Today, billions of people around the world have been ordered to stay at home to help curb the COVID-19 pandemic. As a result, the number of people working from home has skyrocketed, raising alarm bells for cybersecurity experts who warn that this has created an ideal environment for cybercriminals to thrive.
In fact, COVID-19 related cyberattacks began in January and have only proliferated since. Now, questions are also being raised over the security and privacy of video conferencing tools used by millions of people around the world.
“Companies are urgently balancing the need to get everyone connected and maintain productivity versus the risk that this creates,” Jacques Francoeur, Chief Scientist and Founder at Security Inclusion Now USA, told ITU News.
Generally, cybercrime is on the rise and businesses face a wide range of growing threats; Evolution Equity Partners estimates that there will be over four million threat types by 2025.
Meanwhile, over half of global businesses are not confident they are ready for, or would respond well to, a cyberattack according to a recent report by California-based cybersecurity firm FireEye. In addition, roughly 30 per cent said they have a cyber response plan in place which has not been tested or updated within the last 12 months.
This leaves employees who are now working away from the office environment, often operating on less secure WiFi networks and using devices that are not aligned with or setup per their companies’ policy controls, in a uniquely vulnerable position to cyberattack.
“The attacker has time, resources, and a committed intent. It’s tough to beat.” – Jacques Francoeur
“Working from home means having less control over the end user security and secure connections,” said Josephine Ajuoga, a Senior Information Systems Analyst at African Banking Corporation Limited. “Many organizations… will highly rely on employees to use their own devices for work, which are most likely not securely set up, have secure connection or updated to handle cyber attacks.”
All of this can make the employee an easier target for cyber criminals. “In the home environment, a lot of the policy controls that created a safe environment, in a safe wireless network to connect to and so on, are kind of now relegated to a remote endpoint in an uncontrolled environment,” said Jacques Francoeur.
Employees working from home are most likely to be faced with social engineering and phishing attacks which capitalize on these times of ongoing uncertainty.
“Working from home does not necessarily bring more risks since organizations just need to adjust accordingly.” – Kary Chan
“What the attackers will be doing is taking advantage of the fact that you’re very anxious and frightened and you’re looking for solutions,” Jacques Francoeur told ITU News
Indeed, there has been a drastic increase in new domains containing terms like coronavirus, Covid, pandemic and vaccine in the last few months. While some sites are legitimate, a vast majority are domains used for fraud and to distribute malware.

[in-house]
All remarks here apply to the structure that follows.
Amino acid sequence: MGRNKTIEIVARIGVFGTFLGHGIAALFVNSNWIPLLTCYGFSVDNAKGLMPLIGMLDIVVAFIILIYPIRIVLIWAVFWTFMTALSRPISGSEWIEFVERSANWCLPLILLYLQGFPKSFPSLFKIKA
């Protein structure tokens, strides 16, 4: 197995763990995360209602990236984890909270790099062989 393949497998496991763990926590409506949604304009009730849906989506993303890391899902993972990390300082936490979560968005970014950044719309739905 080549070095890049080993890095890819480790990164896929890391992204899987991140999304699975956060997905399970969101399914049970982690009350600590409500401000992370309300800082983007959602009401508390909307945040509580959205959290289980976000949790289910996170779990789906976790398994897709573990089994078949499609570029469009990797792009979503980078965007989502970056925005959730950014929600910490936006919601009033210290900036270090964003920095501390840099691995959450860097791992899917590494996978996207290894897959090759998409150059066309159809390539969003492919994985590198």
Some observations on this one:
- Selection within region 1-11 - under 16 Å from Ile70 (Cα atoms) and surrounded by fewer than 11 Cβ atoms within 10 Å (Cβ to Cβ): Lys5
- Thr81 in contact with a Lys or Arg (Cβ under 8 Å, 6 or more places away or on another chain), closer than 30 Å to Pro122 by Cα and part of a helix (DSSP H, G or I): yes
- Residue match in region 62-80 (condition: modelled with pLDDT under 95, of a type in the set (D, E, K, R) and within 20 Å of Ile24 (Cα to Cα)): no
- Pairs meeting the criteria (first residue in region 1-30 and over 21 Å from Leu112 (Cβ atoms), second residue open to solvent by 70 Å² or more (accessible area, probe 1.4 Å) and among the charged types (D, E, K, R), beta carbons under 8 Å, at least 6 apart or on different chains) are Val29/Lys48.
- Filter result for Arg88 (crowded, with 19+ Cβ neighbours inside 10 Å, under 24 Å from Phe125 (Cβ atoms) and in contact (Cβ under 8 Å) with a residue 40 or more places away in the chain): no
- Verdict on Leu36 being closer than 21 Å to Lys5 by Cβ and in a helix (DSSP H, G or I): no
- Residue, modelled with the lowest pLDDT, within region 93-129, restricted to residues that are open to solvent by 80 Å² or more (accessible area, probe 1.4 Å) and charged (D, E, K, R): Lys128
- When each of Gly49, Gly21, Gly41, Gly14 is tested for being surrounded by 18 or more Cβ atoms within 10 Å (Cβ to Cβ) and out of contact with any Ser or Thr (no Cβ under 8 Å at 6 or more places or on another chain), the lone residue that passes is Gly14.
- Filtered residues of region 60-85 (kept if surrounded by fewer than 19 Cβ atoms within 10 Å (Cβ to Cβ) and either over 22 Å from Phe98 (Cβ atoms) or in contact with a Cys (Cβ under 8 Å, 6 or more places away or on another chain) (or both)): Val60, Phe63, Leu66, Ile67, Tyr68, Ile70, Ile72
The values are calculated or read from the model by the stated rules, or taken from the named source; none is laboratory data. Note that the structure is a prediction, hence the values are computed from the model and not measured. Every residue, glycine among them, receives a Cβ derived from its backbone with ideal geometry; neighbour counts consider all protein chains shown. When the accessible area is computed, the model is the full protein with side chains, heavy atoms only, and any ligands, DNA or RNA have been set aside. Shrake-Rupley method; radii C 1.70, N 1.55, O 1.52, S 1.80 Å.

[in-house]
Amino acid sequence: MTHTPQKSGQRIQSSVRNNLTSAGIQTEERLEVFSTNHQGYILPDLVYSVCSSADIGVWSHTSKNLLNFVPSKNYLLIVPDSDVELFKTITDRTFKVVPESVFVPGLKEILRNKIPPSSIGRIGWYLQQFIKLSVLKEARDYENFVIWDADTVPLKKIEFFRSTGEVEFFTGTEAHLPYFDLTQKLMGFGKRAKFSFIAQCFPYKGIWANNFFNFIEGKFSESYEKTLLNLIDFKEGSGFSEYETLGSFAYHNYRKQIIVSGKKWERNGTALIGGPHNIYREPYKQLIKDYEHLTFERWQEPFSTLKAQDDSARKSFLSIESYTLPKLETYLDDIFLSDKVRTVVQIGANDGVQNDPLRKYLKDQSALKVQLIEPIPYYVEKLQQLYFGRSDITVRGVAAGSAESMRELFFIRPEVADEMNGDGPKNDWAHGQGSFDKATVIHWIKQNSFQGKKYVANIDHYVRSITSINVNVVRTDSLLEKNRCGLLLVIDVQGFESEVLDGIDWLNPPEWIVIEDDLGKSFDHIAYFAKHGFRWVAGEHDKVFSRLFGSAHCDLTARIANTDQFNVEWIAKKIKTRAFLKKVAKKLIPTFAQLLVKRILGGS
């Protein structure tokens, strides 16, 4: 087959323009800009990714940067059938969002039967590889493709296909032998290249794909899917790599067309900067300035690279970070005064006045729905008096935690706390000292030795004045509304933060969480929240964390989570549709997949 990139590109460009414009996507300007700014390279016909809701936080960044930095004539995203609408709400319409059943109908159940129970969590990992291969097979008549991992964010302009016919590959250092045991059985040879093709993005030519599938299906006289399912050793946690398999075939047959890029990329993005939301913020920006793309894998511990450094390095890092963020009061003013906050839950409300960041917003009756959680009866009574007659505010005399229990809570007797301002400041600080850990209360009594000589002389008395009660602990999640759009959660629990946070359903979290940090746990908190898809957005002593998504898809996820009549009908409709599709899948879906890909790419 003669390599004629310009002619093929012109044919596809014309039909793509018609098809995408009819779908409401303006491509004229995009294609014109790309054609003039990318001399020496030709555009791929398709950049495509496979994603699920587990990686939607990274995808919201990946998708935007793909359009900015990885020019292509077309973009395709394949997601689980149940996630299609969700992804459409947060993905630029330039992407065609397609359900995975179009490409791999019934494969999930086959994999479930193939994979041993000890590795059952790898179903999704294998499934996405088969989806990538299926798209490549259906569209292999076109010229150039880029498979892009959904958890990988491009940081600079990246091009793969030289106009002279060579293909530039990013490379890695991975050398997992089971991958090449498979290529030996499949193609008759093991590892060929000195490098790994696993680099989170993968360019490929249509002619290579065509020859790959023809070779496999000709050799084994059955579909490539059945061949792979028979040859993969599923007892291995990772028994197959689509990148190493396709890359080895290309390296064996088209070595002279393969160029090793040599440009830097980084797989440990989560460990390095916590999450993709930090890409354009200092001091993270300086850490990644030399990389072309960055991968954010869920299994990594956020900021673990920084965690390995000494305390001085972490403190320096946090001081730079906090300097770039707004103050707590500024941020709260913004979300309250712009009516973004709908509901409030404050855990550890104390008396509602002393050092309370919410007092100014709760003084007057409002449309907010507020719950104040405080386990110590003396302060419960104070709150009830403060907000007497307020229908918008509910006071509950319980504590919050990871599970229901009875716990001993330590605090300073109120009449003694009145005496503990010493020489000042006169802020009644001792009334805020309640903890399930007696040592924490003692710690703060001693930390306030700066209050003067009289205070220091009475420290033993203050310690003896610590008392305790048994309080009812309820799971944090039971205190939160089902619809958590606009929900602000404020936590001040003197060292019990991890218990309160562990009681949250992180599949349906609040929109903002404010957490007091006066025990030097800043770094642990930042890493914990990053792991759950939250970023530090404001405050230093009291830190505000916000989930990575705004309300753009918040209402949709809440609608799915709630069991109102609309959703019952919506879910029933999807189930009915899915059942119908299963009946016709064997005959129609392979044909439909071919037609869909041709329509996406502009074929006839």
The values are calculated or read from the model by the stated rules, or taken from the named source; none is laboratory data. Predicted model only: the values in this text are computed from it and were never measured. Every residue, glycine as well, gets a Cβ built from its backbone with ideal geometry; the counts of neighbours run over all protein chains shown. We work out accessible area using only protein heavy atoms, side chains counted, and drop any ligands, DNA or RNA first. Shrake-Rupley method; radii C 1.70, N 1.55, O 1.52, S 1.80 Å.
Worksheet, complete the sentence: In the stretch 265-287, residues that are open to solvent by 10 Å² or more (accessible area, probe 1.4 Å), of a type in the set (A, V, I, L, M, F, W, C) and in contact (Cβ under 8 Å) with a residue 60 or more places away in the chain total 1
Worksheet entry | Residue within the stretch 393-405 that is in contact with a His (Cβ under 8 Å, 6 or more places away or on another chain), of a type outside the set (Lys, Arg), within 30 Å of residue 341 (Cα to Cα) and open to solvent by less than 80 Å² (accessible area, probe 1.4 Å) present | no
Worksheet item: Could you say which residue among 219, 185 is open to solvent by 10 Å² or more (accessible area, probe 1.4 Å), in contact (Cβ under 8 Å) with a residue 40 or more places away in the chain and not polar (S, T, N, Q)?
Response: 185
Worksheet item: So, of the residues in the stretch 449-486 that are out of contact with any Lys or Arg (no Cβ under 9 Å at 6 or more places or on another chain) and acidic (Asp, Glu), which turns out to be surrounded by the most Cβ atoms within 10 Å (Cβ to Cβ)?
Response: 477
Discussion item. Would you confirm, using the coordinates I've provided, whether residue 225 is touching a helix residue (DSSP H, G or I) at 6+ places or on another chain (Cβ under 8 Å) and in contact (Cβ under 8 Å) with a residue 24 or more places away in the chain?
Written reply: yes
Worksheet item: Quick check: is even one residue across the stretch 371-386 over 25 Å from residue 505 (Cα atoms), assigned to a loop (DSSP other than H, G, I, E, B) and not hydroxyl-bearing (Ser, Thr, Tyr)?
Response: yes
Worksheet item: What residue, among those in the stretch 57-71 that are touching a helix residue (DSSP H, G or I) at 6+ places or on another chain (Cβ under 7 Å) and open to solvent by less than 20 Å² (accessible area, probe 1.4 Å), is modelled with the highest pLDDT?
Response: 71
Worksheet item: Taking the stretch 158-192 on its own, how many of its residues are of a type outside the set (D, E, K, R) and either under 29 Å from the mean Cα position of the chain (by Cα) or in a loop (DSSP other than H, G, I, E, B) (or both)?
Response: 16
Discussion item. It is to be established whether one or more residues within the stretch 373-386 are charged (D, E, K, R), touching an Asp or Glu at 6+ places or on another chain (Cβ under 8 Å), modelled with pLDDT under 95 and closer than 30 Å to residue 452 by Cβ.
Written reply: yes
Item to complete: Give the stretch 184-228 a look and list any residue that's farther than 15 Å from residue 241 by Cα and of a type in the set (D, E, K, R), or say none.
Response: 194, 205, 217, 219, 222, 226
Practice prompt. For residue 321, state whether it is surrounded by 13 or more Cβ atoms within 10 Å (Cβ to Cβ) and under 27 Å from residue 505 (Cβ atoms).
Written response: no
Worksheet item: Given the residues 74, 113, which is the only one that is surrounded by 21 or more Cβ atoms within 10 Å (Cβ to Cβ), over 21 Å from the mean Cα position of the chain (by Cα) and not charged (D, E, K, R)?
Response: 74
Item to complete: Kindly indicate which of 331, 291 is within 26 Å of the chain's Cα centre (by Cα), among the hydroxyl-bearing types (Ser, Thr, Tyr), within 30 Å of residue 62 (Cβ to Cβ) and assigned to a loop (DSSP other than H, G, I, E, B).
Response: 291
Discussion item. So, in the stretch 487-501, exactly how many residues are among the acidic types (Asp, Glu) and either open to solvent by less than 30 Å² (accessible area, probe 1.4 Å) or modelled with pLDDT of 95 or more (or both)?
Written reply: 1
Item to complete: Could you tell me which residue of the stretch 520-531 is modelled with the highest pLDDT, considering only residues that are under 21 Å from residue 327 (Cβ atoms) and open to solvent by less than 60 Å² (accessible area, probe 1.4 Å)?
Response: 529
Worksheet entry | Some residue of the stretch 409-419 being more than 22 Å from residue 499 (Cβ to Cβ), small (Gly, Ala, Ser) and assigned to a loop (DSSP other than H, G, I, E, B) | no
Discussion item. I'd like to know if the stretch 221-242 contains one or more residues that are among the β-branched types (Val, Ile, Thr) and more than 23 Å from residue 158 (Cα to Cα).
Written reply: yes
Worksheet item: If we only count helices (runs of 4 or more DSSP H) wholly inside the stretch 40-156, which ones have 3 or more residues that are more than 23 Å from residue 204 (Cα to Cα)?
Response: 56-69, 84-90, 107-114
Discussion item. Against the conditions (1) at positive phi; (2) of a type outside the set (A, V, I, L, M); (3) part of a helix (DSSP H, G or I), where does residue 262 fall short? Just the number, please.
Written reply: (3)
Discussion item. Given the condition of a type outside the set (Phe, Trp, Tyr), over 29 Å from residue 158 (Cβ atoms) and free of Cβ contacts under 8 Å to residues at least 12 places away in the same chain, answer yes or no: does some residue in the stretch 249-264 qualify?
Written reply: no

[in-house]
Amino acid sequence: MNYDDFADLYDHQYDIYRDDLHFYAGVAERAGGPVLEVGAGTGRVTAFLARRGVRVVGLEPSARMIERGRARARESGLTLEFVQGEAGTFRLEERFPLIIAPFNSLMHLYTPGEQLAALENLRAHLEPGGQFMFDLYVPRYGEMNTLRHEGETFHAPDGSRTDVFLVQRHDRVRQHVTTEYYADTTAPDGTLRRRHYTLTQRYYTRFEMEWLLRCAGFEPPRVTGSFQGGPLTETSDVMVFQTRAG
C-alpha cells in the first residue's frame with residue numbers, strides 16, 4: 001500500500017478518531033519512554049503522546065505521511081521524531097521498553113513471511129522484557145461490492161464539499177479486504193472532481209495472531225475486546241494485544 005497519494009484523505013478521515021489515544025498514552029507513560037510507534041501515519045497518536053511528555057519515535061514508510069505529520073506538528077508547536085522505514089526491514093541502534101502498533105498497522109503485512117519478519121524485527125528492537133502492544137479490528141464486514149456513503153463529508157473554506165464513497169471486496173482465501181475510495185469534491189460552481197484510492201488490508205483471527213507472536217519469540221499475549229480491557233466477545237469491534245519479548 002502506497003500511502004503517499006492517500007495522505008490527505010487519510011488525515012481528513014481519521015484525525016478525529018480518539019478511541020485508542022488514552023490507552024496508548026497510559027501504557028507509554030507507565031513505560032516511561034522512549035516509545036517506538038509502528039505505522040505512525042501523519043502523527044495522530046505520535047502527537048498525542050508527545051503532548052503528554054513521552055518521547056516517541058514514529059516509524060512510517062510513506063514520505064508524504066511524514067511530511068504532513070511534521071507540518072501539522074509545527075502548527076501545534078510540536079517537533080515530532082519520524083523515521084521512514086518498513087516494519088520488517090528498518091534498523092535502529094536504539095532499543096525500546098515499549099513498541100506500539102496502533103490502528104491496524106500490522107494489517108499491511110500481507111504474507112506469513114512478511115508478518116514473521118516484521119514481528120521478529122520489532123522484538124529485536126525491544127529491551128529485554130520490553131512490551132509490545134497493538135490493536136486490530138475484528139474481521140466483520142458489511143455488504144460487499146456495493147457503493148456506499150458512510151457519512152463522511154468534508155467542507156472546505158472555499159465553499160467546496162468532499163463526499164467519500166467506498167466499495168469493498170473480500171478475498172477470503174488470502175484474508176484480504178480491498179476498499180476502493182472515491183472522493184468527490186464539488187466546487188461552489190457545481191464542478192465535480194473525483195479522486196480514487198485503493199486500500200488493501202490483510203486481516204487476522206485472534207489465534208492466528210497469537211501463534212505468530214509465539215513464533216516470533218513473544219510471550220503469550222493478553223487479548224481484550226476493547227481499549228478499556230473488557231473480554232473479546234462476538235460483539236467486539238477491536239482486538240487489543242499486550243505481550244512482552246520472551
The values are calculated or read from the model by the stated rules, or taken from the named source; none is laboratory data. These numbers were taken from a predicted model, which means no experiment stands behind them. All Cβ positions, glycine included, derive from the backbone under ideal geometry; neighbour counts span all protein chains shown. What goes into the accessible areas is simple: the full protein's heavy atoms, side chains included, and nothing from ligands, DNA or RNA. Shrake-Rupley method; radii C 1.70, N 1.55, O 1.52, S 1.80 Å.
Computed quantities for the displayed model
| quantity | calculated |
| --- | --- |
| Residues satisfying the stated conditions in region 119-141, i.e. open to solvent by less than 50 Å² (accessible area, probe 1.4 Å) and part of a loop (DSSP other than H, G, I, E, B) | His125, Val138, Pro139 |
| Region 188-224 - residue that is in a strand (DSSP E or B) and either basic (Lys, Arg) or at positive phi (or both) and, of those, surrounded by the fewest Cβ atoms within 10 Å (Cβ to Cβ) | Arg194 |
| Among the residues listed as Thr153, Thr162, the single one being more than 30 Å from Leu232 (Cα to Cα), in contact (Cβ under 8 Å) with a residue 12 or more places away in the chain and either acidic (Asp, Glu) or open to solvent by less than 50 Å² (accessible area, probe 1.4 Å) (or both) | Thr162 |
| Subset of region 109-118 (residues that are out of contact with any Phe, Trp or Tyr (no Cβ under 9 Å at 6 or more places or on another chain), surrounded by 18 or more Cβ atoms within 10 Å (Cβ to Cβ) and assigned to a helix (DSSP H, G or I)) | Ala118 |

“The attacker has time, resources, and a committed intent. It’s tough to beat,” Jacques Francoeur said.
While companies can act to prevent and mitigate these kinds of attacks through a variety of technical and procedural controls – which could include restricting the size of file downloads, making sensitive documents ‘read only’ and using secure connection channels that protect data in transit – preparation is key.
“Working from home does not necessarily bring more risks since organizations just need to adjust accordingly, for example having the network capacity enabled, having sufficient support for equipment and IT,” Kary Chan, Corporate Information Risk management at ING Bank, told ITU News. “But before the organization can execute or switch a business continuity and disaster recovery plan completely to make everyone ‘up and running’ at home, cyber criminals might have already made use of the ‘vulnerable moment’ and conducted crimes which have had a huge impact.”
As worldwide stay-at-home recommendations look likely to continue for some time, how can companies help reduce their employee’s exposure to cybercrime?
“Top on the list is to sensitize their employees on the risk exposure, making them aware of how to identify cybersecurity risks and measures to take to respond, prevent, detect and report incidents when they happen,” said Josephine Ajuoga.
For Jacques Francoeur, the advice may be as simple as “think before you click.”
And while this may seem like an anomalous event, businesses should prepare for the long-term.
“The way organizations should look at this event and the response to it, is that investment of the response is the beginning of a trend towards all employees being mobile,” Jacques Francoeur said. “This is not just a one-time thing; the investments that [organizations] make today are investments that will sustain [them] going forward in a demand for remote work that will only increase.”